Protecting Creative Work: Addressing Content Replication, Intellectual Property Rights, and the Importance of Crediting Creators in a Content-Saturated Digital Landscape
The lines between originality and imitation have become increasingly blurred in the ever-evolving landscape of content creation. Once perceived as a boundless frontier, the Internet has fostered a culture where taking and claiming ownership of someone else's work seems too commonplace. However, there are fundamental principles that demand our respect and adherence.
The Unexpected Discovery
Since 2019, I have been promoting artists and designers daily on my LinkedIn page, dedicating my time to curating and discovering inspiring talents. Unexpectedly, a few weeks ago, someone contacted me saying they had copied my LinkedIn posts onto a Discord server to support their project without asking for permission or giving me credit. So many of my posts were replicated on the server. I was shocked.
As a creator, I understand the significance of crediting and promoting other content authors and creators in everything I produce, reproduce, or share. It's a gesture of respect and a means to foster a positive reputation.
Using my platform to share creativity and art that resonates with me brings immense satisfaction—this act of sharing benefits many artists, designers, and even agents, who gain valuable exposure. Many of them have expressed appreciation for the visibility gained through my curation. Numerous creatives working in agencies, brands, and studios seeking to hire talent have also recognized and valued my efforts. And I am happy to connect talents with potential opportunities.
Drawing from my background in art direction and visual design, curating art, designers, and creators keeps me creatively sharp and inspires me to learn continually. However, discovering that someone had copied my content verbatim without my consent on a Discord server has given me pause for thought.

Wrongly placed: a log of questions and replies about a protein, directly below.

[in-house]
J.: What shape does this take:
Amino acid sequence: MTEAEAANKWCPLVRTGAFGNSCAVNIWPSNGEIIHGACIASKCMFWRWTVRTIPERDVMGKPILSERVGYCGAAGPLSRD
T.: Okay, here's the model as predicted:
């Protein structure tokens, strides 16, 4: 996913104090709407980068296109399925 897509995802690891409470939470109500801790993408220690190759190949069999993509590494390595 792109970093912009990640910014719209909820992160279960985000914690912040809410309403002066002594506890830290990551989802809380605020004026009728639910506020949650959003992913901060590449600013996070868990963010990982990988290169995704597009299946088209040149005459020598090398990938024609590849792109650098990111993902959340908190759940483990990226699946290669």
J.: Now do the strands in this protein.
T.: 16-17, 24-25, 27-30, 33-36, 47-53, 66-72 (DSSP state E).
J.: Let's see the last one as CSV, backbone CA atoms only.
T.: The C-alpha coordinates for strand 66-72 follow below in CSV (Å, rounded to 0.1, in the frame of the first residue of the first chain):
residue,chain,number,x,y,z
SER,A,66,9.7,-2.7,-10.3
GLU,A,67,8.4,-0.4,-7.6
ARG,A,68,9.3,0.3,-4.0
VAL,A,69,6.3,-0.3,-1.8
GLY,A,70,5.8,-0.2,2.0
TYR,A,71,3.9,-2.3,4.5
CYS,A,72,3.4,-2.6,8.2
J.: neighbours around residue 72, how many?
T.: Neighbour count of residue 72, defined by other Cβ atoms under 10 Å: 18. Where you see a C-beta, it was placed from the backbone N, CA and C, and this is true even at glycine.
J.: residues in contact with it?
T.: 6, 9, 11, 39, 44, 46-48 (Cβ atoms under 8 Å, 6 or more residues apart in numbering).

In an age of content abundance, automated content generation, generative large language models, automated tools, and countless websites brimming with inspiring references, I was shocked by the audacity and the lack of imagination of someone reproducing my daily posts word for word.
Intellectual Property and Content Creation
In the context of content creation and copycats, one aspect often overlooked is the issue of intellectual property rights held by content creators. In the early days of social media's explosion, the question of ownership over the content we shared on various platforms received little attention. However, as social media platforms like Facebook and Instagram gained popularity, concerns regarding the use and ownership of users' photos and other content began to surface.
Regarding content creation on social media platforms, creators must understand their rights and the extent of control they have over their creations. While platforms may have different licensing and usage policies, users generally maintain intellectual property rights over the content they create and share on these platforms.
As a content creator, you have legal ownership and control over your original works, including text, photos, videos, and other creative content you produce. These rights allow you to determine how your content is used, shared, and attributed.